CHAMPAIGN, Ill. -- North America's inland watersheds hold and provide 95% of the continent's fresh water and 20% of the world's fresh water, but the infrastructure used to manage those water systems has led to problems that include soil and water degradation.
Landscape architecture professor Mary Pat McGuire co-edited a recently published book on interdisciplinary design approaches to solving environmental problems in freshwater systems. "Fresh Water: Design Research for Inland Water Territories" was developed in conjunction with a 2018 symposium, hosted by the University of Illinois landscape architecture department, that looked at ways to reverse the deterioration of inland water systems.
The scholarly articles in the book examine water issues caused by industrial development, agriculture, infrastructure and urban expansion, and look for potential solutions through interdisciplinary design research.
"Water has its own flow and nature and culture around it," McGuire said, and the "over-engineering" and manipulation of the landscape has had detrimental effects in the form of ecological deterioration.
For example, excessive drainage of Midwestern land for agriculture has resulted in degradation of the soil through erosion. The flow of pollutants into the Mississippi River from both farmland and the Chicago area has created a hypoxic zone in the Gulf of Mexico.
With their training in studying how humans engage with natural systems, landscape architects are uniquely suited to think about such problems, from the scale of a garden to a city to a regional watershed, McGuire said.
Much of the focus on water systems has been on coastal waterways because of rising sea levels, but inland waters are major sources of fresh water. The book focuses on major inland watersheds - the
Great Lakes and the St. Lawrence River, the Mississippi River and the Nelson River in Manitoba.
The book is divided into three themes. WaterLines looks at lines of control, whether legal, jurisdictional or physical, such as levees. WaterSheds considers the terrain and soil in a watershed.
WaterBodies is concerned with hydro-social issues, or how people relate to water. McGuire writes in one of the book's essays about her research project in Chicago examining how the flow of rainwater off pavement overwhelms the stormwater system during large storms and results in flooding. She is looking at designing surfaces to emphasize soils rather than pavement, so more rainwater is absorbed into the ground.
"We need to start to embrace water as something we live with, so flooding is something we design for rather than something we see as a negative or something we try to get rid of," McGuire said. The focus needs to be "less engineering and more design resilience work, so landscape is doing more of the work, not a wall or a pipe."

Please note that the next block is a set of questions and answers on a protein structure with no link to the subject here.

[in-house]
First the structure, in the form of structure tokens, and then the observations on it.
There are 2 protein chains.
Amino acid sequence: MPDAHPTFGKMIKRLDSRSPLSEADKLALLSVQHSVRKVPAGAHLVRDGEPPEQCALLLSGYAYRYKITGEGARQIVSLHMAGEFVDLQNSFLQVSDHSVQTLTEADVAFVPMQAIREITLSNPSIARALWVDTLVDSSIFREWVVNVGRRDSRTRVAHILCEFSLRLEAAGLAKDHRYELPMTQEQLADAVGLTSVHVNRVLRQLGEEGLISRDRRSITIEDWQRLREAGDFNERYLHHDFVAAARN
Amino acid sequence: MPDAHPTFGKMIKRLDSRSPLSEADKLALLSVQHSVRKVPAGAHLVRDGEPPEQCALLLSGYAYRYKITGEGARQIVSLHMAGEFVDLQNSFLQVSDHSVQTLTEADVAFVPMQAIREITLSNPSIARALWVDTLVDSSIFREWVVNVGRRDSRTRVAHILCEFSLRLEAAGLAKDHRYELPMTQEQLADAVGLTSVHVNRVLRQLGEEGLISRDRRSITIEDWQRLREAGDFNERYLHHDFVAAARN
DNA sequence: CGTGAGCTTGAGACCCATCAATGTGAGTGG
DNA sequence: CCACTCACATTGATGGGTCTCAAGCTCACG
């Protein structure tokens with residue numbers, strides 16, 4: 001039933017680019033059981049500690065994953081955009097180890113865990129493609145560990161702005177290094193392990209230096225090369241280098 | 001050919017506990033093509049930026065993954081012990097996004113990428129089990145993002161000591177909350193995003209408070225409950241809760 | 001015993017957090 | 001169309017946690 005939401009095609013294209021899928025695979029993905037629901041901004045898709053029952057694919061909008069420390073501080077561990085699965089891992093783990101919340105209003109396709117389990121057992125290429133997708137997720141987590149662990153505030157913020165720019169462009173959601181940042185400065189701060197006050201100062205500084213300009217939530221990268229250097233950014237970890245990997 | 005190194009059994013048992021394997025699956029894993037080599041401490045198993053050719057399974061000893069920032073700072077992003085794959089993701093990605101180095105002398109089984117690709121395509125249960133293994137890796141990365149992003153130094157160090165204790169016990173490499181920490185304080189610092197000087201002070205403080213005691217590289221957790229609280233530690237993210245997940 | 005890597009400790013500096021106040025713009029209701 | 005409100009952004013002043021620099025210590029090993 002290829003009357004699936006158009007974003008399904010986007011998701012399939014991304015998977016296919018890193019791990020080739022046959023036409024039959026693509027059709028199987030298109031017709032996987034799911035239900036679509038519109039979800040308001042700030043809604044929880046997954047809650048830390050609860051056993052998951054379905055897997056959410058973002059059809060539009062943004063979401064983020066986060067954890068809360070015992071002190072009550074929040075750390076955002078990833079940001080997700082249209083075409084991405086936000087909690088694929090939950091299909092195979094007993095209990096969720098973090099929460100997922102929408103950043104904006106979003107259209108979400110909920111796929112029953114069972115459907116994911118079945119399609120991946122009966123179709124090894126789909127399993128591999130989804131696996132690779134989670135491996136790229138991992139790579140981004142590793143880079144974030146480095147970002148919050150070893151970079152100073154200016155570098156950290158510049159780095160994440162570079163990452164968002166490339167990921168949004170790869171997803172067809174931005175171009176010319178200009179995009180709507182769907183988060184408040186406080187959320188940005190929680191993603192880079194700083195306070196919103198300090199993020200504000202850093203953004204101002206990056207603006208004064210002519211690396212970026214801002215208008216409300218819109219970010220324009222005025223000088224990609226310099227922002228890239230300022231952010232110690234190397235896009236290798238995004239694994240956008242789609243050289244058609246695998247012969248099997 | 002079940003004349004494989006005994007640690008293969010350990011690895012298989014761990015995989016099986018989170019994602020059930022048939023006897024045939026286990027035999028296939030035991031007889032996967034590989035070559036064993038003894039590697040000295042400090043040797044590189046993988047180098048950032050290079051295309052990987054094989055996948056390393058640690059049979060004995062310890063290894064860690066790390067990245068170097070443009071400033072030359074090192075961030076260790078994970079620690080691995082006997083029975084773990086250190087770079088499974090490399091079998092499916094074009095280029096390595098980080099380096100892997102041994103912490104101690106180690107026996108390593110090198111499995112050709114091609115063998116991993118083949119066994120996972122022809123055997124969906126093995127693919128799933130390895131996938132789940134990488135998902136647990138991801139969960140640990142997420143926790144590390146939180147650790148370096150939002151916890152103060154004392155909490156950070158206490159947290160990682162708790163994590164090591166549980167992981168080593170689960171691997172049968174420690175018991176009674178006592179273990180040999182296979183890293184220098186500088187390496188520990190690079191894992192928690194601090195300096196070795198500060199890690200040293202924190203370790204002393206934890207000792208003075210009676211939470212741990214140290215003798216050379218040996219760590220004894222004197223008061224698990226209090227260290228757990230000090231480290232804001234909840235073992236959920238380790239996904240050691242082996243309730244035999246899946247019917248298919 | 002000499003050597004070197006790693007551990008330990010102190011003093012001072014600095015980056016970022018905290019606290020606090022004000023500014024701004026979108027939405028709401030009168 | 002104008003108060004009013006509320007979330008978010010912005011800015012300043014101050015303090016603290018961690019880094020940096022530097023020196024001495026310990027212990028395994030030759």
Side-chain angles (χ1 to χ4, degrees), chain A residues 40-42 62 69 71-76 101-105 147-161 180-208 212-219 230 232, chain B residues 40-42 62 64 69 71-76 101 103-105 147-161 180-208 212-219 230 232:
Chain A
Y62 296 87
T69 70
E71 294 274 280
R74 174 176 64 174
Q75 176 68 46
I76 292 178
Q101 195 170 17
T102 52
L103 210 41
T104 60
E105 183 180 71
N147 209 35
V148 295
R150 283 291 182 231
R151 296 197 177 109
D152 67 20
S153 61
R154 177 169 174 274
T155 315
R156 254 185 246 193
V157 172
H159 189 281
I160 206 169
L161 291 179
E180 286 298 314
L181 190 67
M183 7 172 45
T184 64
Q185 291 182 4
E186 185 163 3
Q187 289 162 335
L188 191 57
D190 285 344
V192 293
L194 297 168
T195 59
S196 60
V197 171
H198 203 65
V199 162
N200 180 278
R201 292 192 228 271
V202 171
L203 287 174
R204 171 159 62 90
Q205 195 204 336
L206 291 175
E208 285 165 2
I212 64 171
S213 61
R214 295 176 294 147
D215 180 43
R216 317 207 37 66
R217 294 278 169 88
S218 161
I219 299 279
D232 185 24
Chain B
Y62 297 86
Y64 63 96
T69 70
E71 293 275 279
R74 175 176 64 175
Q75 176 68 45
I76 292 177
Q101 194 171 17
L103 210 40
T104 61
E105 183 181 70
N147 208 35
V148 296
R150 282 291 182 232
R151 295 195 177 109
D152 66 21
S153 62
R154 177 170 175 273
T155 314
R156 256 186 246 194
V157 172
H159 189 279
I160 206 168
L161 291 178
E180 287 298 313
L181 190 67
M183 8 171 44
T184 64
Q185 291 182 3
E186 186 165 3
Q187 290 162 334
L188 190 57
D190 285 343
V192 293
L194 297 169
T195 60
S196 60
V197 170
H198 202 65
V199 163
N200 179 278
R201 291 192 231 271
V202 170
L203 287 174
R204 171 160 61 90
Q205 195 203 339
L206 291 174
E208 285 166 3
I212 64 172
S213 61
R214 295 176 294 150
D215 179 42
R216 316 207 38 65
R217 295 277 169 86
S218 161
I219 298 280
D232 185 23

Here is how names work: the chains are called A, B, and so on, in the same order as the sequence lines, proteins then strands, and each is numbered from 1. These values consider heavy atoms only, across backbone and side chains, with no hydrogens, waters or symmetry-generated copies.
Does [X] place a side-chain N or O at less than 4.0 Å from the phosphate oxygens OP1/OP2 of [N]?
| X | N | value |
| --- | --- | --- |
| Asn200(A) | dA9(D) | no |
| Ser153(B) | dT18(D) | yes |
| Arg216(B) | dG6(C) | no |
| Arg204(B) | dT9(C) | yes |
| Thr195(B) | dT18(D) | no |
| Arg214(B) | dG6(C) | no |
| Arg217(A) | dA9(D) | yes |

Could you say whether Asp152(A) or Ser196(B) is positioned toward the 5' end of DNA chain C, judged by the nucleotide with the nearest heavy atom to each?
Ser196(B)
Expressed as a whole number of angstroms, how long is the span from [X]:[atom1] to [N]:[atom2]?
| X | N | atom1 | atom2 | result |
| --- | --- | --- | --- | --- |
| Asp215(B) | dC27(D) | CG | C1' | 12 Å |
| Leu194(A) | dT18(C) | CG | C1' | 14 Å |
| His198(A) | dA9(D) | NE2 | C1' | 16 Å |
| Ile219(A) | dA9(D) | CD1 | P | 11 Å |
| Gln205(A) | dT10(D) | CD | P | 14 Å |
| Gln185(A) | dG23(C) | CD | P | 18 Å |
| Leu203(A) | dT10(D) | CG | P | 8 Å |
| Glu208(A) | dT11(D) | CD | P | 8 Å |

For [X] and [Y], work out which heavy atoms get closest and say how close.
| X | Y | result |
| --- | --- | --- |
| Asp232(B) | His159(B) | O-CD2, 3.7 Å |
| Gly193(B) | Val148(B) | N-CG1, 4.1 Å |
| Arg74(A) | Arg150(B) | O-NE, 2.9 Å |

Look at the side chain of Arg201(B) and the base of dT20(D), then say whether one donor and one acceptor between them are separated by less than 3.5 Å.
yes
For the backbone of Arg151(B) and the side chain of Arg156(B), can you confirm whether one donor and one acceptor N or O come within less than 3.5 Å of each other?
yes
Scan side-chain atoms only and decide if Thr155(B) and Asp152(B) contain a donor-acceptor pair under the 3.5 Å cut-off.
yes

She hopes the book will encourage a broader view of landscape projects. For example, shortly after the construction of the Chicago Riverwalk was completed, sewage water flooded it and the restaurants lining the walk.
"It's a complicated urban water situation, and you can't solve systemic water problems at the edge," McGuire said. "You have to work back in the system and think about how it affects everything before the water gets there, through good infrastructure practices. We're trying to bring design and research together and elevate the conversation with state agencies and engineers. We need to be there with them, reimagining water at a larger scale."
The book also emphasizes the need for landscape architects to be part of the policy development process with governments. Researchers already have formed partnerships to work on problems affecting watersheds. Farmers in northeastern Illinois are looking at ways to change their farming practices so the soil acts more like a sponge than a sieve and fewer nutrients are washed away. The U.S. Army Corps of Engineers uses soil dredged from the Great Lakes to remake land in other areas. McGuire is partnering with the Metropolitan Water Reclamation District in Chicago on her work addressing flooding issues in the city.
"Landscape architects who have always thought at these larger scales are thinking about how to have conversations with other disciplines. It's incredibly challenging work, and slow, because we have different languages spoken across the different disciplines," McGuire said.
The work is important not only to protect sources of fresh water, but also to plan for the effects of climate change, she said.